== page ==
Blog Archives

Factors are not first-class citizens in R

September 23, 2014
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Factors are not first-class citizens in R

The primary user-facing data types in the R statistical computing environment behave as vectors. That is: one dimensional arrays of scalar values that have a nice operational algebra. There are additional types (lists, data frames, matrices, environments, and so-on) but the most common data types are vectors. In fact vectors are so common in R Related posts:

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Reading the Gauss-Markov theorem

August 26, 2014
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Reading the Gauss-Markov theorem

What is the Gauss-Markov theorem? From “The Cambridge Dictionary of Statistics” B. S. Everitt, 2nd Edition: A theorem that proves that if the error terms in a multiple regression have the same variance and are uncorrelated, then the estimators of the parameters in the model produced by least squares estimation are better (in the sense Related posts:

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Automatic bias correction doesn’t fix omitted variable bias

July 4, 2014
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Automatic bias correction doesn’t fix omitted variable bias

Page 94 of Gelman, Carlin, Stern, Dunson, Vehtari, Rubin “Bayesian Data Analysis” 3rd Edition (which we will call BDA3) provides a great example of what happens when common broad frequentist bias criticisms are over-applied to predictions from ordinary linear regression: the predictions appear to fall apart. BDA3 goes on to exhibit what might be considered Related posts:

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Frequentist inference only seems easy

July 1, 2014
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Frequentist inference only seems easy

Two of the most common methods of statistical inference are frequentism and Bayesianism (see Bayesian and Frequentist Approaches: Ask the Right Question for some good discussion). In both cases we are attempting to perform reliable inference of unknown quantities from related observations. And in both cases inference is made possible by introducing and reasoning over Related posts:

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R minitip: don’t use data.matrix when you mean model.matrix

June 10, 2014
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R minitip: don’t use data.matrix when you mean model.matrix

A quick R mini-tip: don’t use data.matrix when you mean model.matrix. If you do so you may lose (without noticing) a lot of your model’s explanatory power (due to poor encoding). For some modeling tasks you end up having to prepare a special expanded data matrix before calling a given machine learning algorithm. For example Related posts:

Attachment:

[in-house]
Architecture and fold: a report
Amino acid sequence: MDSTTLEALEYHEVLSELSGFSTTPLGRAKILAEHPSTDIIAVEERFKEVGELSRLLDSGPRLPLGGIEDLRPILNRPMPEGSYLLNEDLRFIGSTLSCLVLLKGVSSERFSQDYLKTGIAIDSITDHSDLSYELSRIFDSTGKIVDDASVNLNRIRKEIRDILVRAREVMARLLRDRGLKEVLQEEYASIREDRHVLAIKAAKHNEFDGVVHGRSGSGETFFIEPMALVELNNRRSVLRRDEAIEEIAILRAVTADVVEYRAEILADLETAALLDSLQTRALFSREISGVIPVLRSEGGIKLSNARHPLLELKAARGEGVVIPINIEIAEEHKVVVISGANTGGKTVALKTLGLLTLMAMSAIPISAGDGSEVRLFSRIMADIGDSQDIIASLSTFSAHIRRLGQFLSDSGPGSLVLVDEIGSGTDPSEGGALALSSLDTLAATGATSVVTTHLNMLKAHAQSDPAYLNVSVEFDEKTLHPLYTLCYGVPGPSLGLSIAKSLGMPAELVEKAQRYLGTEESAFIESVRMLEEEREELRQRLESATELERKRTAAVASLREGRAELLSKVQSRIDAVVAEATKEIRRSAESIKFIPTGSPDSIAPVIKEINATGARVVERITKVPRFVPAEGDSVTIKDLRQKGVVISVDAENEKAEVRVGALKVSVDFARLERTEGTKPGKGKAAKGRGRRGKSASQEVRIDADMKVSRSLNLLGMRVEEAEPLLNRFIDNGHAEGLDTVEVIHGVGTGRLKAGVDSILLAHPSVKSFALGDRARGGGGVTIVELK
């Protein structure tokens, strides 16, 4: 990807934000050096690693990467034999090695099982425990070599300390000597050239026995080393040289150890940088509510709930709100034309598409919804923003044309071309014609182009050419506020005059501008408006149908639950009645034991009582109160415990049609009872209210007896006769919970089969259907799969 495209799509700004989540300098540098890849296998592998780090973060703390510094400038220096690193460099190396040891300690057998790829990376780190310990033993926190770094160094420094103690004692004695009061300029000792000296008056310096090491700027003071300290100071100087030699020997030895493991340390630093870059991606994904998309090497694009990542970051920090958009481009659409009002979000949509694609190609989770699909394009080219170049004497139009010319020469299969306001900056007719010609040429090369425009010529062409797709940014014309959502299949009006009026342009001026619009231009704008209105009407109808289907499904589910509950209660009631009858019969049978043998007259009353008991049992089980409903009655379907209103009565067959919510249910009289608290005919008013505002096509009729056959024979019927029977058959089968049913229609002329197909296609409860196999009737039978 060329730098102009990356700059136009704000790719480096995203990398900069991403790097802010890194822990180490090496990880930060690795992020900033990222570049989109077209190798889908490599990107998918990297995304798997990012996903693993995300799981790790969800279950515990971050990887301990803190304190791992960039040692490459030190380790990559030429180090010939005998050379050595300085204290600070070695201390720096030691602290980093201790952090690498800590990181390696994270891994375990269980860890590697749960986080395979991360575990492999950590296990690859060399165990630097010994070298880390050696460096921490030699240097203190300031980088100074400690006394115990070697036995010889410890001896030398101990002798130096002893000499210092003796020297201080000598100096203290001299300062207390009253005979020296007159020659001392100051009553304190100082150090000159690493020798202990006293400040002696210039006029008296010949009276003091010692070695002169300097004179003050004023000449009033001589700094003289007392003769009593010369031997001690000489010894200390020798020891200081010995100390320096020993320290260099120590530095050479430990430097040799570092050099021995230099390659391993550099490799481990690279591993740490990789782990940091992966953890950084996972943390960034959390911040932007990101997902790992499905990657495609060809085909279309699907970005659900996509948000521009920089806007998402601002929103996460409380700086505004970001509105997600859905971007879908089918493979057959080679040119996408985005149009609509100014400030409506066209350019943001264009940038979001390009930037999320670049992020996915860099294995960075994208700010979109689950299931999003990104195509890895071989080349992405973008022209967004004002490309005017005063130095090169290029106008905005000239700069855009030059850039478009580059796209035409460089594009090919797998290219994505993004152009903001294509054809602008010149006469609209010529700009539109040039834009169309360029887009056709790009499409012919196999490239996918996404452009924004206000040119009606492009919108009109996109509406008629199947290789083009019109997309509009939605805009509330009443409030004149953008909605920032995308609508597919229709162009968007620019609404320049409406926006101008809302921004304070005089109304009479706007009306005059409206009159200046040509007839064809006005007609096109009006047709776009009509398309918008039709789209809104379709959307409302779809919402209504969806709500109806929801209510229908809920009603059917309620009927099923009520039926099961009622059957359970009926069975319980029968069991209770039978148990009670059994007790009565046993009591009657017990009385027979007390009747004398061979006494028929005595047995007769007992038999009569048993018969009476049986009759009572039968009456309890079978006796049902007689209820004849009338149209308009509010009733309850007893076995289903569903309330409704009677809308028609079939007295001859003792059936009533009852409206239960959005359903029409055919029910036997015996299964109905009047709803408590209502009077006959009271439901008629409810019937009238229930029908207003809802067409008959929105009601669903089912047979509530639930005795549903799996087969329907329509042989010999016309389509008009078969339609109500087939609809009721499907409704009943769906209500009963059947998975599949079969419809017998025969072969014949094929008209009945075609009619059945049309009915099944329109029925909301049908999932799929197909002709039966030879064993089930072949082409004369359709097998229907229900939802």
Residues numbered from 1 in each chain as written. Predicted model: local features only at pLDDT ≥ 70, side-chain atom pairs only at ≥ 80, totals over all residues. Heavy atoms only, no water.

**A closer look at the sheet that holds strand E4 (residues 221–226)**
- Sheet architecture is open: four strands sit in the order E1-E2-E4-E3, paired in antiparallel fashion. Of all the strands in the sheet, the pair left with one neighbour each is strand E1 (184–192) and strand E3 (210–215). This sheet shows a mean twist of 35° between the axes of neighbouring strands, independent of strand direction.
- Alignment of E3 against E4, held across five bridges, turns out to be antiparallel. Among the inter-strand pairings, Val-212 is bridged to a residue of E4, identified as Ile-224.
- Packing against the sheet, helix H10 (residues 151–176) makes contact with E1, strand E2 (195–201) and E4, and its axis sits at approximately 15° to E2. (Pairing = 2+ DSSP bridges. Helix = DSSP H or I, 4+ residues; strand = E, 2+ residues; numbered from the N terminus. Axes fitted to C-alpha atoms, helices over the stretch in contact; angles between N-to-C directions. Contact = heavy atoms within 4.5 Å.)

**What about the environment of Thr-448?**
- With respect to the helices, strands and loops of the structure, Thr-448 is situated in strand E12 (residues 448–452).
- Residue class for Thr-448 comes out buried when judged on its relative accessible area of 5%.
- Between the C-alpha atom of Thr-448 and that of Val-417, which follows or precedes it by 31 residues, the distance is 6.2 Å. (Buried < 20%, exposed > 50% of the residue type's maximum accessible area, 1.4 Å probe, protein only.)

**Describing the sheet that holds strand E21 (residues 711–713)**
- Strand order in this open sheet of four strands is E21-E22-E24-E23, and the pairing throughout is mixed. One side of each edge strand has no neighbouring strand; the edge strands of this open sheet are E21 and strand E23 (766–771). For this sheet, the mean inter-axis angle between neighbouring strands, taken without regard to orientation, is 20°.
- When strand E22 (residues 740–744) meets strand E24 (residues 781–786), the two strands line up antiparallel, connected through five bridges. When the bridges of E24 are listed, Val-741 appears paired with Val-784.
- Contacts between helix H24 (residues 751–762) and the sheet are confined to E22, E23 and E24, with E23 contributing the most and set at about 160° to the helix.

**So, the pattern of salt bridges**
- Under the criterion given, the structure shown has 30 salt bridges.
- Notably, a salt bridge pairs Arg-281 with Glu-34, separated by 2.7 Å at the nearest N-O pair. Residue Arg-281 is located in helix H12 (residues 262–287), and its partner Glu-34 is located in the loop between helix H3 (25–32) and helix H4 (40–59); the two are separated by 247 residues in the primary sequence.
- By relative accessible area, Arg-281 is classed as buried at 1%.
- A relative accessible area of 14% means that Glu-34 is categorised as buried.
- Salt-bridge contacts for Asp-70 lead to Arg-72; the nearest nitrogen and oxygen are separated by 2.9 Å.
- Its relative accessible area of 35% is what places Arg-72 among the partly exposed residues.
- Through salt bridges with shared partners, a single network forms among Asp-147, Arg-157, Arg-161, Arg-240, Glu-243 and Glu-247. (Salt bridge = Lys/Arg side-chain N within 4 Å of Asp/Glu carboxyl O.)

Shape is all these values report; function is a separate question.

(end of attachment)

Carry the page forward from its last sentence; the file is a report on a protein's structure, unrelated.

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R style tip: prefer functions that return data frames

June 6, 2014
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R style tip: prefer functions that return data frames

While following up on Nina Zumel’s excellent Trimming the Fat from glm() Models in R I got to thinking about code style in R. And I realized: you can make your code much prettier by designing more of your functions to return data.frames. That may seem needlessly heavy-weight, but it has a lot of down-stream Related posts:

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How does Practical Data Science with R stand out?

June 2, 2014
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How does Practical Data Science with R stand out?

There are a lot of good books on statistics, machine learning, analytics, and R. So it is valid to ask: how does Practical Data Science with R stand out? Why should a data scientist or an aspiring data scientist buy it? We admit, it isn’t the only book we own. Some relevant books from the Related posts:

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Save 45% on Practical Data Science with R (expires May 21, 2013)

May 16, 2014
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Save 45% on Practical Data Science with R (expires May 21, 2013)

Please share this generous deal from Manning publications: save 45% on Practical Data Science with R through May 21, 2014. Please tweet, forward and share! Related posts: A bit of the agenda of Practical Data Science with R Data Science, Machine Lea...

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R has some sharp corners

May 15, 2014
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R has some sharp corners

R is definitely our first choice go-to analysis system. In our opinion you really shouldn’t use something else until you have an articulated reason (be it a need for larger data scale, different programming language, better data source integration, or something else). The advantages of R are numerous: Single integrated work environment. Powerful unified scripting/programming Related posts:

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A clear picture of power and significance in A/B tests

May 3, 2014
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A clear picture of power and significance in A/B tests

A/B tests are one of the simplest reliable experimental designs. Controlled experiments embody the best scientific design for establishing a causal relationship between changes and their influence on user-observable behavior. “Practical guide to controlled experiments on the web: listen to your customers not to the HIPPO” Ron Kohavi, Randal M Henne, and Dan Sommerfield, Proceedings Related posts:

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